If you have a big dashboard (or a friend with another car), you can do two batches at once, otherwise you can save half of the dough for another day.
Makes about 2 1/2 dozen cookies.

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239 Comments
  • M. Parker H.
    July 16, 2009

    This is excellent! So resourceful.

  • Anonymous
    July 16, 2009

    It’s an interesting idea. I’m just concerned that there are chemicals that are released inside a car when it is very hot. It’s bad enough that we breathe it in when we first get into the car. If those chemicals were to get into the food that’s been cooking in the car… well you get the idea.

  • Champion
    July 17, 2009

    I believe in Malaysia, I dun hv to wait for 2 1/2 hours for the cookies to bake. We have ‘summer’ all year long.
    Champion!!!

  • half baked
    July 17, 2009

    One word. ANTS

  • TheWordWire
    July 17, 2009

    I’m kind of relieved that it took as long as 2.5 hours — I live in Las Vegas and always feel like I’m loading my groceries into a crock pot for the drive home. Never thought to actually use it as an oven — great post!

  • do
    July 19, 2009

    great time for getting salmonella,,,or however you spell it ,,,dont care,,,just dont eat till FULTY baked,,,, sounds like kinda a pardon the pun half nbaked idea,,lol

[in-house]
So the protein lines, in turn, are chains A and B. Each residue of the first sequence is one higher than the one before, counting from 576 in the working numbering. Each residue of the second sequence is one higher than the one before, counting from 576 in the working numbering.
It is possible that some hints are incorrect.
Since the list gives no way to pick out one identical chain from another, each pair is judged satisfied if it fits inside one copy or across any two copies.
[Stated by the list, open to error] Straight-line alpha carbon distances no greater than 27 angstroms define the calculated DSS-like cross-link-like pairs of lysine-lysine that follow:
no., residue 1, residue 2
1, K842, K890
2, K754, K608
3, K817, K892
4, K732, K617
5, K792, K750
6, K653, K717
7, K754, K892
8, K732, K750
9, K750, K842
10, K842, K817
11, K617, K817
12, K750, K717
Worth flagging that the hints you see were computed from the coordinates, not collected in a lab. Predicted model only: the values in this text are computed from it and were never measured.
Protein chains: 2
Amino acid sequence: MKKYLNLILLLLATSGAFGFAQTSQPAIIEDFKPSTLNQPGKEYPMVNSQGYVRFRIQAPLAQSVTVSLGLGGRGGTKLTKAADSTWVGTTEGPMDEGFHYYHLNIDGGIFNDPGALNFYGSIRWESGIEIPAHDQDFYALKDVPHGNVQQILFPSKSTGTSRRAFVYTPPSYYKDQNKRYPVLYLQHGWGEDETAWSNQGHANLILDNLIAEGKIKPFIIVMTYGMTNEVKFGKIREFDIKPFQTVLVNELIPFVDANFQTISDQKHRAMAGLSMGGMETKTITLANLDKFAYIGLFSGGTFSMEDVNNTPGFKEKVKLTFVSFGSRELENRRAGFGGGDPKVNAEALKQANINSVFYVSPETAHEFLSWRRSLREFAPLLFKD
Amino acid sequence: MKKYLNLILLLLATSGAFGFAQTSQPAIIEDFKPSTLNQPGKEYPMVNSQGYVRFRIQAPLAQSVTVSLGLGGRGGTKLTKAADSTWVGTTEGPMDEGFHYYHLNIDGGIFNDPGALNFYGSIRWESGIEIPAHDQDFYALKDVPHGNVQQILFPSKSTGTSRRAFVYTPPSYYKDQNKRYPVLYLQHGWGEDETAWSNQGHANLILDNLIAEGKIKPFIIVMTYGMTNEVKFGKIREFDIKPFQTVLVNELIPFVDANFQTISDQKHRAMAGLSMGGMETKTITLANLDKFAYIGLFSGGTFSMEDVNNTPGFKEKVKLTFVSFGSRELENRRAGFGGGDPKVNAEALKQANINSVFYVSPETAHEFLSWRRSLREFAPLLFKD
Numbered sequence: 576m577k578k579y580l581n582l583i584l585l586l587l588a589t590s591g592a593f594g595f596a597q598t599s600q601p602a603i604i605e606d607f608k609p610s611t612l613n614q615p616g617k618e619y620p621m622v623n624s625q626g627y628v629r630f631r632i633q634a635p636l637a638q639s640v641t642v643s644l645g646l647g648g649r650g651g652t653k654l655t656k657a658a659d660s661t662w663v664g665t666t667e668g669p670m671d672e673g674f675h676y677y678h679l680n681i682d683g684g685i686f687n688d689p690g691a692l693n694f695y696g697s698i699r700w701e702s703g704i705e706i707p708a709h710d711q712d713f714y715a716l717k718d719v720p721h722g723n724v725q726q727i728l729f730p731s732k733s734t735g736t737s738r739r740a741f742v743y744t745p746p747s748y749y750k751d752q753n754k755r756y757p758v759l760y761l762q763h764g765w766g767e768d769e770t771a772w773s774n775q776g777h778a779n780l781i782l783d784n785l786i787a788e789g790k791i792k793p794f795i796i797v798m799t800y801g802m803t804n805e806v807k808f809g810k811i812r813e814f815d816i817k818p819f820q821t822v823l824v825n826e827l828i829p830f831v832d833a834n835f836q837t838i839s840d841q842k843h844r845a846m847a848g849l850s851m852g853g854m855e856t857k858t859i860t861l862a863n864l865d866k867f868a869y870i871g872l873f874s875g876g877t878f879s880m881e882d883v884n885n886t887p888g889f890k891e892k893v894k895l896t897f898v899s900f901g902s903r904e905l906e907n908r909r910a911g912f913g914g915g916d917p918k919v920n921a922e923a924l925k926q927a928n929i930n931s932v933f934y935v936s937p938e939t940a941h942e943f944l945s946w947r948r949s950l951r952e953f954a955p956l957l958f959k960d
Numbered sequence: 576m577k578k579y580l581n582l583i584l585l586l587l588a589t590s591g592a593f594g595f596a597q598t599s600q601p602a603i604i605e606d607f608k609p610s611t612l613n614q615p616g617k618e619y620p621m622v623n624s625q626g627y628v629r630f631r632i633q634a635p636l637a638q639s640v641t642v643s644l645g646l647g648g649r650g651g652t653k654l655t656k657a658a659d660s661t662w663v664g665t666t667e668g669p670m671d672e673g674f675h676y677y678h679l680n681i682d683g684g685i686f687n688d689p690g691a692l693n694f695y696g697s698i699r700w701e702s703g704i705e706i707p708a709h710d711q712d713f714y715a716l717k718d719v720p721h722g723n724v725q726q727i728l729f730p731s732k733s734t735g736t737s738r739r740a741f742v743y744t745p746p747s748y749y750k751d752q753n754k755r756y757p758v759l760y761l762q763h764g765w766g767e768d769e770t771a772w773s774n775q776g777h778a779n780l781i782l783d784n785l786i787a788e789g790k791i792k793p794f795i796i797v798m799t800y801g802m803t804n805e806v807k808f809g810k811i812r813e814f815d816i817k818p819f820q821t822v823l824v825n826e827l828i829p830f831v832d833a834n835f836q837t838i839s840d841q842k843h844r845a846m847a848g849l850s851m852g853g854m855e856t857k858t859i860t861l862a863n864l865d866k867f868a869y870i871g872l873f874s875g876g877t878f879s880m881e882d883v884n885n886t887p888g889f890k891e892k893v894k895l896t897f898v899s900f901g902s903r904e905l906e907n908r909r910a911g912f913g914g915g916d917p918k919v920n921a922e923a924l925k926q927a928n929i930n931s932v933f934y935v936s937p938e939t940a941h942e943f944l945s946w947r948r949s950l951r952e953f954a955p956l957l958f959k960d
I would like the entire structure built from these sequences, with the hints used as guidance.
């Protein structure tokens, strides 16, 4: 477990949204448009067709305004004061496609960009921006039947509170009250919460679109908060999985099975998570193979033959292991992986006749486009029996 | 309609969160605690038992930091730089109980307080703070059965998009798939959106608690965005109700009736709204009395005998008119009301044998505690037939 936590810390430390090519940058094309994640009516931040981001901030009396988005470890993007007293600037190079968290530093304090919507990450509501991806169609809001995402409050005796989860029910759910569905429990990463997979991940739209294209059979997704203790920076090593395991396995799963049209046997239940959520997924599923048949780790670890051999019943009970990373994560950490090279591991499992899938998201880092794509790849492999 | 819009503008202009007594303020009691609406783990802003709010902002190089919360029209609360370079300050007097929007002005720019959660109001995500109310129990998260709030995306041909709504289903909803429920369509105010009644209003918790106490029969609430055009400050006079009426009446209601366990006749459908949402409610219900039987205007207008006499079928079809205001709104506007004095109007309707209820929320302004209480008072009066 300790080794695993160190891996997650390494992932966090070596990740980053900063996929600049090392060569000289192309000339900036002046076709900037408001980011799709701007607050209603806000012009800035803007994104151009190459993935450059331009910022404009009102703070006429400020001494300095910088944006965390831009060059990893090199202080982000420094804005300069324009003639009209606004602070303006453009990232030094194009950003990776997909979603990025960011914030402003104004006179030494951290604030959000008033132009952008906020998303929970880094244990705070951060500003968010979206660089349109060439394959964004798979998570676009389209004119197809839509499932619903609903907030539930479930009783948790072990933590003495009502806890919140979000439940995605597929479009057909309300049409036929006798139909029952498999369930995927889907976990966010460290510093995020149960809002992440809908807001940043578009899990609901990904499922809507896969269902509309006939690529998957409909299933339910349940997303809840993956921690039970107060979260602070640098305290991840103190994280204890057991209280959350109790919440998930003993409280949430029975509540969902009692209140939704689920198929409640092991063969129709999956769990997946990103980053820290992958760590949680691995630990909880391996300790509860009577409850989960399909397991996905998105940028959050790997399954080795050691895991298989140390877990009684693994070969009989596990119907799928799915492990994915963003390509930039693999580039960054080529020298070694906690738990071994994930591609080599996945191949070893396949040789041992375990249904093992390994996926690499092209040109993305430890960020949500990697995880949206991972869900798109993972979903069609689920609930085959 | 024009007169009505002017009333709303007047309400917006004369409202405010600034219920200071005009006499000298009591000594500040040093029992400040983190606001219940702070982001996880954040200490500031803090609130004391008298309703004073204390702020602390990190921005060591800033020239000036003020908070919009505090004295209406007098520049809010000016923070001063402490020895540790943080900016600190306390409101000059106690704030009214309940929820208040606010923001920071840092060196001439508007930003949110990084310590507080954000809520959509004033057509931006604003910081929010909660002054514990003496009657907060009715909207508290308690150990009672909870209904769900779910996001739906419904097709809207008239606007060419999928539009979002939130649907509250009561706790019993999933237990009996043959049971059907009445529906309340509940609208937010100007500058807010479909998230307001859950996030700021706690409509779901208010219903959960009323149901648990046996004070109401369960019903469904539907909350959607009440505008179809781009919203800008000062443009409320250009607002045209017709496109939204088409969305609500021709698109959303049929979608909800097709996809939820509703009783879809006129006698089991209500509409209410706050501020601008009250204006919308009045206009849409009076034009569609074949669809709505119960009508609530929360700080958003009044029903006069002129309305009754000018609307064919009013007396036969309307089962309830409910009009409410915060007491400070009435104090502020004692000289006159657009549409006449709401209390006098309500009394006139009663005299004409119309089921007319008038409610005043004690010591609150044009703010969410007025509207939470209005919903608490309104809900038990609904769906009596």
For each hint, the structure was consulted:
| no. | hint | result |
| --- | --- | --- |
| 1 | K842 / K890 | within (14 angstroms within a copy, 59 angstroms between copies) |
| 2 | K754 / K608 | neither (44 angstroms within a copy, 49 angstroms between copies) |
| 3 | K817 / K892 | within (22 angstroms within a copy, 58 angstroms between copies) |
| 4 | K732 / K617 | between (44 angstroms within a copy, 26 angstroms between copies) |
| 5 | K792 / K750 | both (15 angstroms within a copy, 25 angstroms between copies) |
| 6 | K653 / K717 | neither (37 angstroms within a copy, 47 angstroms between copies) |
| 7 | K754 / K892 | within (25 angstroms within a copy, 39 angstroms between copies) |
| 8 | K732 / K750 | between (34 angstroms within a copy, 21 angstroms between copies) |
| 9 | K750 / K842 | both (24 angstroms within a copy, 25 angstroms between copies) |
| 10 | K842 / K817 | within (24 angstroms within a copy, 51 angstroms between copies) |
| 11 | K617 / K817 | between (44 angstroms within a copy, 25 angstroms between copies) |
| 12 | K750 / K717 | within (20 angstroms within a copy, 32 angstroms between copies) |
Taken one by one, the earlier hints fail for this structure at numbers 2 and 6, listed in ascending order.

• do
    July 19, 2009

    crazy spelling,,,,,,i just ate one of those cookies above, made me nuts

  • Emme
    July 19, 2009

    Added to my RSS, Thanks!

  • Bree bree
    July 21, 2009

    This is THE coolest website i think ive ever been on lol its sooo interesting and its alot of stuff most people wouldnt realize they’d ever be able to do. i cannot wait to try the girl scout cookies and im thinking bout trying to car baked cookies too!

    thank you so much for the Awesome website!!!

  • R.D. cook
    July 22, 2009

    I’d suggest using pasteurized eggs for this, as the dough would be sitting around for a long time at low baking temperature. I WILL try it when it’s too hot to turn on the oven.

  • Krissi Sandvik
    July 23, 2009

    WOW! And if anyone needs a reminder to NOT leave their dog in the car….

  • David
    July 25, 2009

    This can’t be healthy. Think of all the dust and dirt that builds up in a car, even if you take extra caution in cleaning it out. Your car never could heat up enough to kill the bacteria that can/would get on the cookies for those 2 1/2 hours (the cookies need to reach 140 degrees, which is just not possible in a car).

    I can’t believe a cooking website would even think of posting this.